Smoking and cannabis use increased among university students during pandemic
A study among some 800 university students showed that the pandemic created great fear, with almost four out of every 10 reported an increase in smoking and almost 47% said they used more cannabis.
The study showed that the pandemic increased solitude and depression while it emerged that female students and the more religious ones feared Covid-19 more.
The academic study which examined the link between the pandemic, the use of substances and the psychological aspect showed factual trends that need more discussion and analysis. This was stated by the University’s dean at the Faculty for the Social Wellbeing, Prof. Andrew Azzopardi who, together with Jamie Bonnici and Prof. Marilyn Clark, conducted the study among 777 university students.
“It created a lot of anxiety and students who abuse, for example, with cigarettes increased by 40%; those who drink alcohol increased by almost 30% and students who abuse cannabis increased by almost 47%”, Prof. Azzopardi said.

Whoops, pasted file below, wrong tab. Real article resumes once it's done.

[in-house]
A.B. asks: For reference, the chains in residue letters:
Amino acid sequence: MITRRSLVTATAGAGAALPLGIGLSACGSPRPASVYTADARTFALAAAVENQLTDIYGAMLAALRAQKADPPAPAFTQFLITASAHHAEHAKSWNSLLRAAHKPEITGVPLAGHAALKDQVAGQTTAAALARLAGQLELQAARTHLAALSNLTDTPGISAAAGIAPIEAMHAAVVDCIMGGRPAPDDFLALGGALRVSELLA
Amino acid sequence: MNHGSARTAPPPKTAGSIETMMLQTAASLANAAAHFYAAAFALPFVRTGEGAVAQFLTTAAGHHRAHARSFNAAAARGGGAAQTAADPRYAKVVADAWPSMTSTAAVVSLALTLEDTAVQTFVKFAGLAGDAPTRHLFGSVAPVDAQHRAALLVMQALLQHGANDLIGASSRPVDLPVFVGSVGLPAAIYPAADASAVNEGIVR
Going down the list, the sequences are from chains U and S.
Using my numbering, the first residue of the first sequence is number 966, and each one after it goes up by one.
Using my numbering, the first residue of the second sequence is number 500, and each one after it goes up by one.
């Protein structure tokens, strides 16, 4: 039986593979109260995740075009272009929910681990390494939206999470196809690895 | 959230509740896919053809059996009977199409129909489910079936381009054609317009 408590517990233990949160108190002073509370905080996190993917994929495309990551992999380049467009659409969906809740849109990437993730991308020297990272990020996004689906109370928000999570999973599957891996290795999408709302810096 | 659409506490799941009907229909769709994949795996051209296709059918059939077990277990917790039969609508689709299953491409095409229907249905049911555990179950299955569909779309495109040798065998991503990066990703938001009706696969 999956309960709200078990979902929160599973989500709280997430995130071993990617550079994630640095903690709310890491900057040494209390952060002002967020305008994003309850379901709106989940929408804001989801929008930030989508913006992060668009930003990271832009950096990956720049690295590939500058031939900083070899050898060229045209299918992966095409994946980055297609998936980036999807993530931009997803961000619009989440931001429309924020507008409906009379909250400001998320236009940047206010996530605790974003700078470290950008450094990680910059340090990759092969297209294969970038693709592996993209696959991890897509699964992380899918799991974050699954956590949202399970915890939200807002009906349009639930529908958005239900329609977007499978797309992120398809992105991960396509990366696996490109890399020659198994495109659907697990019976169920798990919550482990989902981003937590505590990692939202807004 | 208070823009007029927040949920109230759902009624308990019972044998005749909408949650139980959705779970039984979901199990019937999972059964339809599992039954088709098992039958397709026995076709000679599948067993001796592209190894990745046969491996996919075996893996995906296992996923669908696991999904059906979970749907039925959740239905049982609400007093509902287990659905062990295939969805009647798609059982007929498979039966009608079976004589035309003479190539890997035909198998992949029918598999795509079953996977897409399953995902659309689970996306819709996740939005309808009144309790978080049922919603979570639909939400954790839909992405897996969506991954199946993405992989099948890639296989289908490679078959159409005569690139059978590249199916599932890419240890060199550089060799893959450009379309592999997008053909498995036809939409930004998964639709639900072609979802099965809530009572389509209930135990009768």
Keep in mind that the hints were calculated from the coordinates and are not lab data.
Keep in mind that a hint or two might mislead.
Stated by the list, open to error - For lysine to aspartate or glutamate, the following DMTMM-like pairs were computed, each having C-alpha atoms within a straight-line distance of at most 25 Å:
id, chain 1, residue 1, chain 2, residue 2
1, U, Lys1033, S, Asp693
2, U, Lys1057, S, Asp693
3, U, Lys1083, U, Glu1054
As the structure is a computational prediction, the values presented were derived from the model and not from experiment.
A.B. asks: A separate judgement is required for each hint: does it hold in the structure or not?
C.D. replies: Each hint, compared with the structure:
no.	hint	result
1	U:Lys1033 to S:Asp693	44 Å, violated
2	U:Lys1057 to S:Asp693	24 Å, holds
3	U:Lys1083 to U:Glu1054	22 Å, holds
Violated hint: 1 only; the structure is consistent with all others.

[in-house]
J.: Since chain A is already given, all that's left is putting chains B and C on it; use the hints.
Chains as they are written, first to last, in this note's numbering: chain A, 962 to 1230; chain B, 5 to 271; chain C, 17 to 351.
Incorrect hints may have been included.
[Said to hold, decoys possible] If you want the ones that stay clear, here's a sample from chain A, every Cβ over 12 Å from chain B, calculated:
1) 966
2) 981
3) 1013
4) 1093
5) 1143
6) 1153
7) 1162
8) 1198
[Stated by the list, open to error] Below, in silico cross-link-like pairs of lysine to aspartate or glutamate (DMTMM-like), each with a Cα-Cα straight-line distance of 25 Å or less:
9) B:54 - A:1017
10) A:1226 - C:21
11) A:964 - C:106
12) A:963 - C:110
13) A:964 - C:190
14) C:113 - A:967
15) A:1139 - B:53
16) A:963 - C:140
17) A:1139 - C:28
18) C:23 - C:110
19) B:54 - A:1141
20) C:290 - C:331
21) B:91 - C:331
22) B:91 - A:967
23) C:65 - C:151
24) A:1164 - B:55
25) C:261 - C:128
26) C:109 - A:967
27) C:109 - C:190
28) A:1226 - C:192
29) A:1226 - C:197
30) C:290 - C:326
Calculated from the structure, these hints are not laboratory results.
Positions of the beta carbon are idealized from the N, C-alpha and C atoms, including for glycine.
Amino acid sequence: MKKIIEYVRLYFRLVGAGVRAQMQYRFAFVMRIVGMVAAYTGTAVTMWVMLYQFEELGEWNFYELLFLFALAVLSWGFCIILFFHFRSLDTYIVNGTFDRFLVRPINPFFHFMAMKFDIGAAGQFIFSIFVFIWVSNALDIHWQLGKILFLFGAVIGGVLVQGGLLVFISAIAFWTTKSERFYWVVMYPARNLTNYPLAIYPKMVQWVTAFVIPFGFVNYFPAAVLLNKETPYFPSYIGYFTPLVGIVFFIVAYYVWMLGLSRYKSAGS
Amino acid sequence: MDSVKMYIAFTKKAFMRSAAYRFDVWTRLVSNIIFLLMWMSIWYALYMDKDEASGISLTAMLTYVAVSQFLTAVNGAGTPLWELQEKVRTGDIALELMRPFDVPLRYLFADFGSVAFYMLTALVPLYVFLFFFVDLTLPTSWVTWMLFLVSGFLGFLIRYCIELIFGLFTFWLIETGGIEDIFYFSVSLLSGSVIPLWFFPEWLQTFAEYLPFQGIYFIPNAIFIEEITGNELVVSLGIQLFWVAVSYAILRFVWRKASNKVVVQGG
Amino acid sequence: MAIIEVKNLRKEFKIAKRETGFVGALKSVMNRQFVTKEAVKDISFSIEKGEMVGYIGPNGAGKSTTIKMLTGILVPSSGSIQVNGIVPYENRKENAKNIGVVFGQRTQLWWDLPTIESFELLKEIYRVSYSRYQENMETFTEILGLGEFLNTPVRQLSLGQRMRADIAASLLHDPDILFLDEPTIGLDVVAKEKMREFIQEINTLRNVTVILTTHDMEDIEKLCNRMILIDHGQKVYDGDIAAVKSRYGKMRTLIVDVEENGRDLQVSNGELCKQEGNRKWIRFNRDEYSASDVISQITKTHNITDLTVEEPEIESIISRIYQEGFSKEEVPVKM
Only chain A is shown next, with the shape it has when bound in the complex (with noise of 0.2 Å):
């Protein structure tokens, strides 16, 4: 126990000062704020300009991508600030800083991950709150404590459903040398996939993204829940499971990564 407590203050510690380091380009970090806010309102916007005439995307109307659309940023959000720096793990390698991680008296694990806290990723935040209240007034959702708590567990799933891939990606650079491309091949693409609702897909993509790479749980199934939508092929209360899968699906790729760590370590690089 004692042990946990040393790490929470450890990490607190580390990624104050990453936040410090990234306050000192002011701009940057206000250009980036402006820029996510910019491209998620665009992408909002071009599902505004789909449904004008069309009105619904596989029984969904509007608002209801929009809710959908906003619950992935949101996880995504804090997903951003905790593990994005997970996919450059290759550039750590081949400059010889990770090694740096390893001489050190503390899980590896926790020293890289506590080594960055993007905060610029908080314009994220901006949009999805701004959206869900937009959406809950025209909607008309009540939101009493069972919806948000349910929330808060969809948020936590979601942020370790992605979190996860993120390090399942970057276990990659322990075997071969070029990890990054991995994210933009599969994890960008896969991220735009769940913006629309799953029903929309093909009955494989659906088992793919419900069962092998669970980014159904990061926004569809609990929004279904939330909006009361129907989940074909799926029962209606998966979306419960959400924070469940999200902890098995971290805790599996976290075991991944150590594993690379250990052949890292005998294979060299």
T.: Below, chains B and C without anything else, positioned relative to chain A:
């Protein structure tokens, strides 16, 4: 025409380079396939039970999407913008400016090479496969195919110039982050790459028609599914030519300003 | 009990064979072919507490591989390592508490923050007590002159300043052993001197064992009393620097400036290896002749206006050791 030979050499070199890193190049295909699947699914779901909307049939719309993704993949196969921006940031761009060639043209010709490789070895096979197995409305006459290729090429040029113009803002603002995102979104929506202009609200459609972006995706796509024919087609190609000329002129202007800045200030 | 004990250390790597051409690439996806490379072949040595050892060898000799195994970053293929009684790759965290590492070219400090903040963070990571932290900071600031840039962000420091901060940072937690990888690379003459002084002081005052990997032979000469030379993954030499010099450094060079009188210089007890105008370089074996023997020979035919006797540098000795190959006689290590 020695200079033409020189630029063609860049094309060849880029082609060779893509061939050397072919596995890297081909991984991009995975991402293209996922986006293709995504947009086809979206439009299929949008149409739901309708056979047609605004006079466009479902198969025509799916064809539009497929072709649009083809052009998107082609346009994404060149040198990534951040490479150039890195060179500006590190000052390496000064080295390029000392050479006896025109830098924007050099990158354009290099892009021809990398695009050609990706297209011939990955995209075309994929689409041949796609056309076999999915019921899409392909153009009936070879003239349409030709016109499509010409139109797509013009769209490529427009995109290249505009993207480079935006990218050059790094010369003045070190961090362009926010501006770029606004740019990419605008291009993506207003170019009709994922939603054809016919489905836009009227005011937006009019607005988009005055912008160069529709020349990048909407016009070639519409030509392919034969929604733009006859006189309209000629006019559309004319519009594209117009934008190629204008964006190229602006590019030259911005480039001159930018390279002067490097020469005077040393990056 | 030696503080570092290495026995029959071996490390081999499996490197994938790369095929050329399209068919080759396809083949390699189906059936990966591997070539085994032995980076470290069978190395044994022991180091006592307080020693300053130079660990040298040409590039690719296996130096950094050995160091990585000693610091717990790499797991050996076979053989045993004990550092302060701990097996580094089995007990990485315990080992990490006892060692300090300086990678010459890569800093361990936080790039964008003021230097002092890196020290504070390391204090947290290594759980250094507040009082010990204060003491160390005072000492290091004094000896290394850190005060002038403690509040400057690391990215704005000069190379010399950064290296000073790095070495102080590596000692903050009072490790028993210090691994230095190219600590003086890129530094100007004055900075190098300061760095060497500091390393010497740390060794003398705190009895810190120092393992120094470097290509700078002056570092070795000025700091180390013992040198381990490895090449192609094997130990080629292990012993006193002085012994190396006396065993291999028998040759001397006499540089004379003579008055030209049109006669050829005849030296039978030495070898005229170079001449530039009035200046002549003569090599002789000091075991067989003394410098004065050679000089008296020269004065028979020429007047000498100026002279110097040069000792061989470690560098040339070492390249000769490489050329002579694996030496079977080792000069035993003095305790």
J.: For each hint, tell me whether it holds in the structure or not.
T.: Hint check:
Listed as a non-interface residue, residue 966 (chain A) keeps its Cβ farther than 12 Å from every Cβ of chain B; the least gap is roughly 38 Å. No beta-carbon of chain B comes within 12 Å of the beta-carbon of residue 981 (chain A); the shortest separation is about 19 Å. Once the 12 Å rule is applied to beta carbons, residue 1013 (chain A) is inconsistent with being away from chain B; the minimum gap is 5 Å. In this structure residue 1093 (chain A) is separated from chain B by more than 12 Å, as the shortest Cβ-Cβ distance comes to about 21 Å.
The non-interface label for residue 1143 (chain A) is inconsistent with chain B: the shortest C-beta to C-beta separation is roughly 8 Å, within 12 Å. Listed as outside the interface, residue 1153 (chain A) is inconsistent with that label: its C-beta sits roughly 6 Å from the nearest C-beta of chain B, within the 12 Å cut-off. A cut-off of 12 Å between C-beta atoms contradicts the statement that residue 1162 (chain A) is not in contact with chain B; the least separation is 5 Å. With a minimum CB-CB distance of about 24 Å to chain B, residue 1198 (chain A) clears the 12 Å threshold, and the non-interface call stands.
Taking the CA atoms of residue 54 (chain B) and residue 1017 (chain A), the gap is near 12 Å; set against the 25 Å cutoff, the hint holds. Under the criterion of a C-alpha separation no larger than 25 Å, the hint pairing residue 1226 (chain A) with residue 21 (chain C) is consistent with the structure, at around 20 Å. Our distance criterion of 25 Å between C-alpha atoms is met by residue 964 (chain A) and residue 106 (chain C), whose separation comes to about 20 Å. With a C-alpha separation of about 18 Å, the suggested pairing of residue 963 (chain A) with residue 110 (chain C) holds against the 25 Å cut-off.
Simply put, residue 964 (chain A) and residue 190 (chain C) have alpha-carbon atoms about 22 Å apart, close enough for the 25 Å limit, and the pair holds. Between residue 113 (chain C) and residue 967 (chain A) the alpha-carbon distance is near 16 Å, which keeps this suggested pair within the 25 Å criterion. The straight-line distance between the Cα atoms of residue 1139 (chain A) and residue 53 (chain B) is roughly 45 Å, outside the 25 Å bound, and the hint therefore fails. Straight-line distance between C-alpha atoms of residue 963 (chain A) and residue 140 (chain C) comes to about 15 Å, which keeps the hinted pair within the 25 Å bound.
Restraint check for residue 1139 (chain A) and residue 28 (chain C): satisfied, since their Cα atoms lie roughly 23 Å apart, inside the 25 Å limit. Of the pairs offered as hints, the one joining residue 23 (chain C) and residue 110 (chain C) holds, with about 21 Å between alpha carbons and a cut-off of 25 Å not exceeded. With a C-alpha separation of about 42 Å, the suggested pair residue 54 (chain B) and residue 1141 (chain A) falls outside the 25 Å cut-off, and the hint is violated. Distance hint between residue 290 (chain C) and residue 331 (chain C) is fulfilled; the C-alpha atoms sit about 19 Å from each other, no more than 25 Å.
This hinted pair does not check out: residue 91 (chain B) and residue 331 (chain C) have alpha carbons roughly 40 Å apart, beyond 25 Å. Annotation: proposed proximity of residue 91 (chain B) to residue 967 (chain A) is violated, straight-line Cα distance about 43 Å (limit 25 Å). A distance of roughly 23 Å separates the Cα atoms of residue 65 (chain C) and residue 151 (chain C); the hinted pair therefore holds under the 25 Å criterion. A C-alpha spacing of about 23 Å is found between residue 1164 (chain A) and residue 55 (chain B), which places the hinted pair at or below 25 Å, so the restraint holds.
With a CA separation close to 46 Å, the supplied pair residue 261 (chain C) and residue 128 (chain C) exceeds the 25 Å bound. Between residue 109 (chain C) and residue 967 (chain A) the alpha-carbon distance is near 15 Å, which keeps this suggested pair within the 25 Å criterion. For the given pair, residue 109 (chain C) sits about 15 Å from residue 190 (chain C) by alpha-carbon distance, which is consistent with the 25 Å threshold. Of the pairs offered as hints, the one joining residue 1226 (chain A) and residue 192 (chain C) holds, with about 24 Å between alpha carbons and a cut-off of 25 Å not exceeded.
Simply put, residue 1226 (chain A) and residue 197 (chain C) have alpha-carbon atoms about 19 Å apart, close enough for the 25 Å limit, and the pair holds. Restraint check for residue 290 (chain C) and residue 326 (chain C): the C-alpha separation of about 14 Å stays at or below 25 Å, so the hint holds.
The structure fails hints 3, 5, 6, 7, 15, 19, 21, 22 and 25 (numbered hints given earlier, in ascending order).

The study also showed that the pandemic created other emotional conditions, with between 60 and 70% of interviewed students said that they felt more nervous, exhausted, depressed and in solitude.
Prof. Azzopardi said that it is clear that the pandemic is leaving a psychological and emotional impact on many persons, including students and that it is important that apart from the awareness of the effects, it is analysed how these will affect the profession that these students will practice and work in.
In their study, the researchers also observed that students who feel more religious were the least who recurred to substances and that female students were the most who feared Covid.